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Six Steps to Effective Contractor Relationship Management

You’ve read it before, but the nature of the modern workforce is changing and it’s changing fast. Nowadays, most companies, whether a Fortune 500 firm, a gritty start up, or a mom and pop, will employ third-party contractors to perform any number of essential business tasks.

In many respects, the U.S. is leading the way. The U.S. contractor labor force numbers anywhere between 10 and 20 million workers. And those numbers are growing fast. There are some projections that show that within the decade, the contractor labor force will account for a whole half of the U.S. labor force.

The allure of third-party workers to help host companies maintain their critical production facilities and assets is pretty clear. Host businesses achieve lower internal labor costs, more flexibility, especially without having to directly oversee management.

But companies who think that they can quickly onboard new contractors and easily achieve critical business benefits are living in a fantasy realm. Developing that kind of cooperative, productive, maximally-profitable relationship with a contractor will take plenty of time, effort, and planning. Not looking to put in the effort? Things can get much worse. The cost of a bad contractor relationship, high fines and even jail time for companies whose contractors flout work health and safety regulations.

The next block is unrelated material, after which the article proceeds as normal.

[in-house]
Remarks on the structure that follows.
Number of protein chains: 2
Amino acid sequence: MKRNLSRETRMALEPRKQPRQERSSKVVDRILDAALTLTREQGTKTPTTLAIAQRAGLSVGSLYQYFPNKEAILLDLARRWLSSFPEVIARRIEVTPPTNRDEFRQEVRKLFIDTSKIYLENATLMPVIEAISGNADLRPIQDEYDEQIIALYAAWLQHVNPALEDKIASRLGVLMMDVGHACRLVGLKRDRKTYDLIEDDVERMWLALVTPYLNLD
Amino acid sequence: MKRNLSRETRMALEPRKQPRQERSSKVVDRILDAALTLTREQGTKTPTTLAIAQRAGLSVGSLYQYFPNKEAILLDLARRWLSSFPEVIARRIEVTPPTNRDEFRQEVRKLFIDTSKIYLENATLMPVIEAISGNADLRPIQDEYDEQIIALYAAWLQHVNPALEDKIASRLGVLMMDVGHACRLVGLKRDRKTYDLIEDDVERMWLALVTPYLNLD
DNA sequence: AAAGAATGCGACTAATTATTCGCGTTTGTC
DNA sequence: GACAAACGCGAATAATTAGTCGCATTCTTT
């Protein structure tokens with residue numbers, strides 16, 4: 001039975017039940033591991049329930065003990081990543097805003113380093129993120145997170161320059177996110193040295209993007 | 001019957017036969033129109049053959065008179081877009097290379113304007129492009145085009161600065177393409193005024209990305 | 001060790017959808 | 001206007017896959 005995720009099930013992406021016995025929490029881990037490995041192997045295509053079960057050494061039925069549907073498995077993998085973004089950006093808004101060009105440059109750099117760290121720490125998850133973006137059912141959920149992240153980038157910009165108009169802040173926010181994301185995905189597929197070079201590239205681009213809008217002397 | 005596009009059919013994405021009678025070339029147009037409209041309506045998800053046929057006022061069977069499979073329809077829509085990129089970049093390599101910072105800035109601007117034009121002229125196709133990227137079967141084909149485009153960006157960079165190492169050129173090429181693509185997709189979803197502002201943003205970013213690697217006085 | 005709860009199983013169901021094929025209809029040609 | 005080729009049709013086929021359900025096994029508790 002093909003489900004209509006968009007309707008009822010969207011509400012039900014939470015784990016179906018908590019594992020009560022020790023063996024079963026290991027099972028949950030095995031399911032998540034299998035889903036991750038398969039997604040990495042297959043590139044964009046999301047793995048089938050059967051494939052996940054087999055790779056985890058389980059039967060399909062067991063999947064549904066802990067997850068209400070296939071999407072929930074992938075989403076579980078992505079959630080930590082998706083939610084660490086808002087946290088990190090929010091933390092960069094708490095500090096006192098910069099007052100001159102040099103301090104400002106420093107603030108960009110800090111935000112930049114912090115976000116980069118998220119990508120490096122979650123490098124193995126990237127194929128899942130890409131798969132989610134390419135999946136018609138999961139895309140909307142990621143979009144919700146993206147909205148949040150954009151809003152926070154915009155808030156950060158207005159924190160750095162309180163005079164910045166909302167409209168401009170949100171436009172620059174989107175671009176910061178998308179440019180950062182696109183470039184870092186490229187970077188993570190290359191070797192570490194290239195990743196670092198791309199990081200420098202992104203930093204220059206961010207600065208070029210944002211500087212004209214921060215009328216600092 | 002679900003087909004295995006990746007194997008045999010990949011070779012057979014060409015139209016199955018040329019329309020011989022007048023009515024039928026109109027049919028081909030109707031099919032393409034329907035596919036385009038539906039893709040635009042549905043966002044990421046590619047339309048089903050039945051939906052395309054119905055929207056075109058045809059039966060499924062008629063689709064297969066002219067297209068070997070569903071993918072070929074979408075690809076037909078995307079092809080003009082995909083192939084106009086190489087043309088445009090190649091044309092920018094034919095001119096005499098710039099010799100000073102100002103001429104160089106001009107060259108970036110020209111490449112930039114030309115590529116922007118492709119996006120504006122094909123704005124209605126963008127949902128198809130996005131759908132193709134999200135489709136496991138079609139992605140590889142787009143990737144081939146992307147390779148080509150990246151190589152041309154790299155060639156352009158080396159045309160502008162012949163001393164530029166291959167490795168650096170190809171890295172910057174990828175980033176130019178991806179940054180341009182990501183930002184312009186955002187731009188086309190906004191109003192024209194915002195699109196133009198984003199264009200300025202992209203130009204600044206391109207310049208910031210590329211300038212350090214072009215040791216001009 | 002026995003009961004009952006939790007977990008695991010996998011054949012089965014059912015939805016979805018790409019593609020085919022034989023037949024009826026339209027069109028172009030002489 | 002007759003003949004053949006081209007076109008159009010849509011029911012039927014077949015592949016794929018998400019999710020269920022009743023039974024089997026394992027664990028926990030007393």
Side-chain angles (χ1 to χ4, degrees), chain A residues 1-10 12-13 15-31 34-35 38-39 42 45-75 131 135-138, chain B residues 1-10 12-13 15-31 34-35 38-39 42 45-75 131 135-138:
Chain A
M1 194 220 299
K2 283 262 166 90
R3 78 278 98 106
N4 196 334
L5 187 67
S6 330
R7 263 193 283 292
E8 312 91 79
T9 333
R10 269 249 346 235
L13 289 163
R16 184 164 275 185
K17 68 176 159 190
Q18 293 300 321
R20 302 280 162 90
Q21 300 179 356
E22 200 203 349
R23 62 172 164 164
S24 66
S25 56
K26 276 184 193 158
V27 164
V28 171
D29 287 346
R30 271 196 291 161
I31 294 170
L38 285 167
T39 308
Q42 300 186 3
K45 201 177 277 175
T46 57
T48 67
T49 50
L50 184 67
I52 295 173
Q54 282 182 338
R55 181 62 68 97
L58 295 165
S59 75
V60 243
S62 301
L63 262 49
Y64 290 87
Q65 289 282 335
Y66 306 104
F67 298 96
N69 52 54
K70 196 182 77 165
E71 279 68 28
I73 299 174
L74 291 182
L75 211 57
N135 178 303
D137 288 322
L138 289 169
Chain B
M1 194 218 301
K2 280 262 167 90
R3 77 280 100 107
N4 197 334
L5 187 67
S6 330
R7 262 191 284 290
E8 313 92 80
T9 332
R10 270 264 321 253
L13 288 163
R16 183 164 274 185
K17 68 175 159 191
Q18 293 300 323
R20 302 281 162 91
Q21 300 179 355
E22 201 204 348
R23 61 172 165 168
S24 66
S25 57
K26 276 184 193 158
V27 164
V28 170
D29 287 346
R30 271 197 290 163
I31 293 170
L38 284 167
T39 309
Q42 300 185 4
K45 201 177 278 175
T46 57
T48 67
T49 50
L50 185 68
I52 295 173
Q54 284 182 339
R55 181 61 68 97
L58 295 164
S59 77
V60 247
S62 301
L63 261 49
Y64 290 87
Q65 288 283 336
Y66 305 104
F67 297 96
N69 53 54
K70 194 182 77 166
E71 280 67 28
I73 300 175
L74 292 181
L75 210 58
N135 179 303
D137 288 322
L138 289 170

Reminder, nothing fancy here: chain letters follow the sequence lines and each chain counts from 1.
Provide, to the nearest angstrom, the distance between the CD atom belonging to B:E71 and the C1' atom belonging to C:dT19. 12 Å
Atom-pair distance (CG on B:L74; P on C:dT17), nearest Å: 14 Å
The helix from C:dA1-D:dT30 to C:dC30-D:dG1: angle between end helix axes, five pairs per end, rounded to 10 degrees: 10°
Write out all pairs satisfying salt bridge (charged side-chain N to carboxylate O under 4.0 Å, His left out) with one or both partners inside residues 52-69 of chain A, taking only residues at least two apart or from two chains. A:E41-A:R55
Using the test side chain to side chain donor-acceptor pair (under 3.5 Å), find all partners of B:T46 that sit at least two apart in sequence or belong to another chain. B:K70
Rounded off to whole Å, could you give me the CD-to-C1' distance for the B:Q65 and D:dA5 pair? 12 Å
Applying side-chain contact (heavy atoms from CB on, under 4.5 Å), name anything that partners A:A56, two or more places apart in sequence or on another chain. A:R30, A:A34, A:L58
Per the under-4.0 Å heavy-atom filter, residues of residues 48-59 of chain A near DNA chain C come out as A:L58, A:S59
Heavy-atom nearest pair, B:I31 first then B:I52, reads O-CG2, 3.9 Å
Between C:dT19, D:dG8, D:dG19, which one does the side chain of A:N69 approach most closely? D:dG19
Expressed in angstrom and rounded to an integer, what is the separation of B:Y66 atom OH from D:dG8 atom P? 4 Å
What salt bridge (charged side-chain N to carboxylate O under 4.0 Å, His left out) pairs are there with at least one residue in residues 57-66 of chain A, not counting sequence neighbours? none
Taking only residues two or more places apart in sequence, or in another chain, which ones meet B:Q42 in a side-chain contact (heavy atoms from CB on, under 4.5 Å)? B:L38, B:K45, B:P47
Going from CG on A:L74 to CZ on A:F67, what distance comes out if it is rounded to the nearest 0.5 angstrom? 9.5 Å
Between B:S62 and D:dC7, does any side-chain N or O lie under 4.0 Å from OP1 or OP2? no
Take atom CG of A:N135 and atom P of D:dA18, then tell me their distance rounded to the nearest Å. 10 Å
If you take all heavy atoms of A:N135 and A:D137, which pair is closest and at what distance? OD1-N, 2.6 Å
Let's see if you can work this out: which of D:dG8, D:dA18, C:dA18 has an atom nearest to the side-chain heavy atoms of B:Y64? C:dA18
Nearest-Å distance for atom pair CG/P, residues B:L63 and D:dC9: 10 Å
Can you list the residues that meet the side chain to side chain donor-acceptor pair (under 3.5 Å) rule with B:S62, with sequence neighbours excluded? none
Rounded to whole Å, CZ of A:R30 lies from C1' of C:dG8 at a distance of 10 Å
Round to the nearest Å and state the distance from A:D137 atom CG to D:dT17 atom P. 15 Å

Even the companies who want to invest in a solid contractor relationship might not have the internal personnel and experience. Good intentions aside, those companies will still risk losing time, money, productivity, and even eroding their core safety culture(s). Don’t compromise your business model. Instead, start building up your contractor relationship management competency by adopting these seven steps:

    • Invest more time in contractor prequalification when making procurement decisions; or work with a qualified third party.
    • Perform more thorough vetting of contractors through clear performance indicators outlined ahead of time.
    • Be as detailed as possible about the scope of work in the contract.
    • Have a dedicated team or manager monitor contracted work from tender to post-job evaluation. In addition to ensuring work health and safety compliance, that team or manager should:
    • Address issues that arise during the contract process, either personally or by engaging a suitably qualified person within the business.
    • Consistently solicit updates on lagging and leading indicators of contractor performance to identify areas for improvement.
    • Clearly communicate corporate safety values to contracted workers during orientation and training.
    • Go beyond baseline compliance, by requiring contract employees to pass stringent orientation tests before working on site.
    • Maintain proper permitting and certification standards for contract employees in a centralized database.
    • Perform frequent job assessments to ensure contract employees continue to meet work health and safety obligations.

For those not trained as work health and safety experts, regulations governing the relationship between host business, contractor agency, and contractor can be difficult to comprehend. 


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